Completion Solutions for Multi-Stage Stimulation of Unconventional Resources

Recorded On: 06/19/2019

Hydraulic fracturing has been used to stimulate hydrocarbon reservoirs for over 70 years, yet no single optimal methodology has emerged. Variations in rock and fluid properties, regulatory regimes and, most importantly, ever changing economic factors force completion engineers to constantly revise and adjust stimulation techniques. In the first decade of the 21st Century, as North America moved to exploit shale gas both cemented plug-and-perf, as well as open hole ball drop systems were deployed in low stage count wells to hold land positions through production. When the natural gas price collapsed in the 2009 financial crisis, North American operators applied these same techniques to various tight lithologies to extract oil. Multi-stage stimulation of unconventional reservoirs has now reversed years of production decline in North America and opened-up new resource plays around the world. By 2014, light oil production enabled the United States to replace OPEC as the swing producer controlling the global oil price. Despite the 2014 – 2016 downturn, increasing unconventional supply has enabled the USA to overtake Saudi Arabia in oil production and it is the price of breakeven production in North American shale basins that currently controls the floor for global oil prices. This has ushered in a new phase of lower oil prices with profound implications for completion technology. As producers pursue longer laterals with higher stage counts and proppant loading, cemented completions have come to dominate the market in the U.S. Challenges in this market are: effective stimulation of the toe section of extended reach laterals, controlling frac length in multi-point entry stimulations and cost-effective strategies for uniform reservoir exploitation. Low cost options for toe subs may conflict with requirements to test casing integrity prior to stimulation, while single point entry ball drop, pump down collet and coil tubing activated sleeves offer control of fracture extent but are costly and multi-point entry systems offer lower cost options but are frequently inefficient in draining resources. Rather than one optimal way to produce all unconventional resources, combinations of these systems are discussed that offer completion engineers the versatility they require to provide cost-effective stimulation in response to varying reservoir and economic conditions.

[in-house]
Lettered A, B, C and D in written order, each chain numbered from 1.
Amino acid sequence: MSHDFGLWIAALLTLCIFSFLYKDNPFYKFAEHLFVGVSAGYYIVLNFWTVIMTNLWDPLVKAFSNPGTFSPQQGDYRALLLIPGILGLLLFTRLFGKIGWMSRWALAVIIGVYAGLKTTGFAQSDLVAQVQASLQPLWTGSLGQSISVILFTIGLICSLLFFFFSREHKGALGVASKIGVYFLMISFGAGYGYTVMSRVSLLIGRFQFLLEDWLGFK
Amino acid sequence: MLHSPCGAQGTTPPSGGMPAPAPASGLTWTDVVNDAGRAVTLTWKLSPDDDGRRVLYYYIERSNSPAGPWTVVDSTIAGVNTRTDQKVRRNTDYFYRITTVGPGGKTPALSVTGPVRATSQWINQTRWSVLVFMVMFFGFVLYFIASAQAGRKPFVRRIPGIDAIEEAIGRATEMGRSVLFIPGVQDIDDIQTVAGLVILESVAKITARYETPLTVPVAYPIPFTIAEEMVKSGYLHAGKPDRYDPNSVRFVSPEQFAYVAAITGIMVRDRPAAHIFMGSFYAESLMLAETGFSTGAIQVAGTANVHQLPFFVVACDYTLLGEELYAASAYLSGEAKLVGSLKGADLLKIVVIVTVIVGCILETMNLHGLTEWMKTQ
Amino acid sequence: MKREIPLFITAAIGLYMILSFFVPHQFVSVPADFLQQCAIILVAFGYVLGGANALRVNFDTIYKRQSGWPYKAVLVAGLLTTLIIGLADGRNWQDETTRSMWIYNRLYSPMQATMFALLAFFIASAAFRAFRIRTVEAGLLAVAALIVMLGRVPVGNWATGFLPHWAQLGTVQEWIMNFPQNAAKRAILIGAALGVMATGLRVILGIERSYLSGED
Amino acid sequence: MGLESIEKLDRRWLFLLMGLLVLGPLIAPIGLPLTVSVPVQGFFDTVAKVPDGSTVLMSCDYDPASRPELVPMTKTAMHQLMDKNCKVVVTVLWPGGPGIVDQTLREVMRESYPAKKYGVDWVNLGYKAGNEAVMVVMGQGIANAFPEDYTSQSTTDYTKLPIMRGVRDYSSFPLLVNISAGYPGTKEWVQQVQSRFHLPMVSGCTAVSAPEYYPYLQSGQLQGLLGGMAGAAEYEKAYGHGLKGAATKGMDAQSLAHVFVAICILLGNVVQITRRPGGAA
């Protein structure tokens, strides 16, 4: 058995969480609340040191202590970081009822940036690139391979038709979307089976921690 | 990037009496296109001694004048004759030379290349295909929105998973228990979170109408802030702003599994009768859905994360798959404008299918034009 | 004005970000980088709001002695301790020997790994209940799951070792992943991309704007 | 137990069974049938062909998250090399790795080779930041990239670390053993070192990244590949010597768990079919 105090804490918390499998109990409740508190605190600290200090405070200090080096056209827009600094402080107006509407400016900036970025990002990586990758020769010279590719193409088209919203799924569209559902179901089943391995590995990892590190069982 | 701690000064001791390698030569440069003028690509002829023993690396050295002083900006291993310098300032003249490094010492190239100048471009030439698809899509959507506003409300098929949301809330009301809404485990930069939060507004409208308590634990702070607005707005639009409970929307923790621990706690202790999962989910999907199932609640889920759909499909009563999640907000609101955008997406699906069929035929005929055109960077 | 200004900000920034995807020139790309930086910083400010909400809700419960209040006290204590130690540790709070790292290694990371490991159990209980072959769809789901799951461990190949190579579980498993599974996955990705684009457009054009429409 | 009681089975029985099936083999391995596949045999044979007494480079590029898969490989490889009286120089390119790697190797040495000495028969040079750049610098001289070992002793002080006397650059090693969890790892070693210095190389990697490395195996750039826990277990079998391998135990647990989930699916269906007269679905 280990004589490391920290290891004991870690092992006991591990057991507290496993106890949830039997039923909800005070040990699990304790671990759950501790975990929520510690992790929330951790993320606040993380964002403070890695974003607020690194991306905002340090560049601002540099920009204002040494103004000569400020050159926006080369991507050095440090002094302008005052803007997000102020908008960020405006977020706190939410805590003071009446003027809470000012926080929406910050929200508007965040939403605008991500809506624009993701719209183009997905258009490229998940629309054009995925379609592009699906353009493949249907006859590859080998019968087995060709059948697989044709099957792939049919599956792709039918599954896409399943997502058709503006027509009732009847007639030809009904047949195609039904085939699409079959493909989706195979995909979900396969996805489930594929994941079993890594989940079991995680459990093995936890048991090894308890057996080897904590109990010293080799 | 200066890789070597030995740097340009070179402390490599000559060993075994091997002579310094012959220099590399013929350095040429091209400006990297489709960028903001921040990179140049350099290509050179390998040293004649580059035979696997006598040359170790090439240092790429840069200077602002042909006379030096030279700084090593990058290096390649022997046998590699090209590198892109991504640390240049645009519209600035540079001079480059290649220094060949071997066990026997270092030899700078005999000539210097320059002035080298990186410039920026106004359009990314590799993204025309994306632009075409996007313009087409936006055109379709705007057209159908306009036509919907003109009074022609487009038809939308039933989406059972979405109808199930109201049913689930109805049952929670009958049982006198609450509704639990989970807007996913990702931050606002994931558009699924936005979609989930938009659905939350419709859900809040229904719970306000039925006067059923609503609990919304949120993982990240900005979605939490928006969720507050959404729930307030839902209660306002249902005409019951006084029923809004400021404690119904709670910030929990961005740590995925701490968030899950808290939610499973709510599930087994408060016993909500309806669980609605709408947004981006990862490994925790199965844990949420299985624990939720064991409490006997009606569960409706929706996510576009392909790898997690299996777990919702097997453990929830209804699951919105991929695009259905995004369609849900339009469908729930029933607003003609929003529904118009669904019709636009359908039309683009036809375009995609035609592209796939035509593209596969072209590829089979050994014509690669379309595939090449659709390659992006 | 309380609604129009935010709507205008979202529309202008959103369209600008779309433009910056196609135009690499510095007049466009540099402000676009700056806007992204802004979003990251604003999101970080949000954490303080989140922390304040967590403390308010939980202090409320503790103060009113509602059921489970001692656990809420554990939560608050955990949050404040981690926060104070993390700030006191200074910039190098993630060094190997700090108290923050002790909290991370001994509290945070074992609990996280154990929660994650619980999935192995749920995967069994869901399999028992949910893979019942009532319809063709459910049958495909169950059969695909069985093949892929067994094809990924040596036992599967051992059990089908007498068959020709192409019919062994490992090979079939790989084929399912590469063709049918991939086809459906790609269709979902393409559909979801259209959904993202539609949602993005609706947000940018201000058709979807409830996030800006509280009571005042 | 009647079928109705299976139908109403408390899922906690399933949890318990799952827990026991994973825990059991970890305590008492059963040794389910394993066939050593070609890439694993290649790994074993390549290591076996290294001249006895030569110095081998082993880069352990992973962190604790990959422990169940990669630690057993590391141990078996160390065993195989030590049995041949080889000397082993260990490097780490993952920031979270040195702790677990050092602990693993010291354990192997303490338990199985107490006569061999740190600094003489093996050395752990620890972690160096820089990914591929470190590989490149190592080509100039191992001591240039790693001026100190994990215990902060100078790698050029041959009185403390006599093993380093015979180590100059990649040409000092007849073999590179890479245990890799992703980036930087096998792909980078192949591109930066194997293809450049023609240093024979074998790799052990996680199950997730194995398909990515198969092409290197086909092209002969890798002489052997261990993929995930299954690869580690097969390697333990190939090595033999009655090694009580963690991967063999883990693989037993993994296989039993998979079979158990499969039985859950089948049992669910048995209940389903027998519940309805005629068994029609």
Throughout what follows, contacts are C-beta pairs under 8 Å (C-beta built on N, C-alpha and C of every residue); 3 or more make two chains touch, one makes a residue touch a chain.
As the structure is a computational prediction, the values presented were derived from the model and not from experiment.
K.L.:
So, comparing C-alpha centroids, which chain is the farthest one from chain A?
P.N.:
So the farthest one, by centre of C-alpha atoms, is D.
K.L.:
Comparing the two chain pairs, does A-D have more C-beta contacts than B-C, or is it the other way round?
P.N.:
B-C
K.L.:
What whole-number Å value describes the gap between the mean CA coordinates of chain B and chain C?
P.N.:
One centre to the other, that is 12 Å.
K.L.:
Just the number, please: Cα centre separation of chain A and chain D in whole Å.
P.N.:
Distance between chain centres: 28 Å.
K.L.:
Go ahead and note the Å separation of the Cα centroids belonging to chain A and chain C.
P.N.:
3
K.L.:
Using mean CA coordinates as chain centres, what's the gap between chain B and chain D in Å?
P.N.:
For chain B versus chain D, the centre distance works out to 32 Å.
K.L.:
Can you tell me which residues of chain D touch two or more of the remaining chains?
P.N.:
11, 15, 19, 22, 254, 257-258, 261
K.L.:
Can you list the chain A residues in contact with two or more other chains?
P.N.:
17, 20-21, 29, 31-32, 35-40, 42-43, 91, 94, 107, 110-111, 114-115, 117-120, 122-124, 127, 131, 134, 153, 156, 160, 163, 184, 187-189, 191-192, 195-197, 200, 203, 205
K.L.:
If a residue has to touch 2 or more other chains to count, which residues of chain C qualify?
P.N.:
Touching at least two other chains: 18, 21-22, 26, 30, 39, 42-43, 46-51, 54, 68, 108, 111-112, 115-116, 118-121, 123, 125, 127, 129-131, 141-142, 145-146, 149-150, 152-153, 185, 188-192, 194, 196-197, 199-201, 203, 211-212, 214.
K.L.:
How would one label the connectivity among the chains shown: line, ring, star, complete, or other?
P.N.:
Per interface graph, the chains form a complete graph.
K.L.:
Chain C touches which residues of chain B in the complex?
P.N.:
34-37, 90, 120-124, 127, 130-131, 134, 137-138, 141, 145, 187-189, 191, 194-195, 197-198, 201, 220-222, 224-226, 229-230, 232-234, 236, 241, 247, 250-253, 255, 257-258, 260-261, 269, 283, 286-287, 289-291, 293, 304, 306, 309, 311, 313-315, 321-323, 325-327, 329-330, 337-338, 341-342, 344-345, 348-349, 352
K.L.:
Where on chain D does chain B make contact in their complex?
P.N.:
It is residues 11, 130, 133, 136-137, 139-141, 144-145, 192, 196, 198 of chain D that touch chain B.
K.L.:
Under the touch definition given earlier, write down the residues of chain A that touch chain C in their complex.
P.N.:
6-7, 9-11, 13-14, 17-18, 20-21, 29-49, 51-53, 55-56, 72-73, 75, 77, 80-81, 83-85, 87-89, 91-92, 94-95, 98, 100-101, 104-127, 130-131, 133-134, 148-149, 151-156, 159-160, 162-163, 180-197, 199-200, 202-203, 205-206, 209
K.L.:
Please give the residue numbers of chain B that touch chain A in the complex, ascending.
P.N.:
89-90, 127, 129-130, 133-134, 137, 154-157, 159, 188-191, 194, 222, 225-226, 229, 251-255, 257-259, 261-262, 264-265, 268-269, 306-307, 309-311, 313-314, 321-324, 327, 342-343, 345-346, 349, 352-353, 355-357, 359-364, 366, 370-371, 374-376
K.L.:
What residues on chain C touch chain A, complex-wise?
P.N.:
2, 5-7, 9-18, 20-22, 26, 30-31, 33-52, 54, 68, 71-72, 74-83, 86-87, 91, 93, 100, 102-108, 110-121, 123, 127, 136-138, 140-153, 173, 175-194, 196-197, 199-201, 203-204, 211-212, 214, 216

This webinar is categorized under the Completions discipline.  

Dr. Ian Bryant

President/CEO, Packers Plus Energy Services Inc

Dr. Bryant provides leadership to the executive team that is responsible for developing, implementing and managing strategic initiatives at Packers Plus.

With over 34 years of industry experience, Dr. Bryant worked for both a major operator and a major service company before joining Packers Plus. A central theme to his career has been applying technology to improve both productivity and ultimate recovery from oil, gas and gas-condensate reservoirs. In the past 18 years, he has been intimately involved in developing technologies to improve the efficiency of exploration and exploitation of tight gas, coalbed methane, shale oil and shale gas.

Dr. Bryant holds B.Sc. and Ph.D. degrees in Earth Sciences from the University of Reading. He is past-chair of the SPE Development Geology and Geophysics Committee and represented Schlumberger on the AAPG Corporate Advisory Board. Dr. Bryant is an active member of the Society of Petroleum Engineers; American Association of Petroleum Geologists; the European Society of Geoscientists and Engineers; and a Fellow of the Geological Society of London. He holds 20 patents and has authored over 50 publications.

He enjoys outdoor activities in his free time including cycling, hiking, skiing and scuba. He has two grown children, Jonathan and Berenice and he resides with his wife, Lisa in Houston, Texas.

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06/19/2019 at 10:30 AM (EDT)   |  90 minutes
06/19/2019 at 10:30 AM (EDT)   |  90 minutes
20 Questions
0.15 CEU/1.5 PDH credits  |  Certificate available
0.15 CEU/1.5 PDH credits  |  Certificate available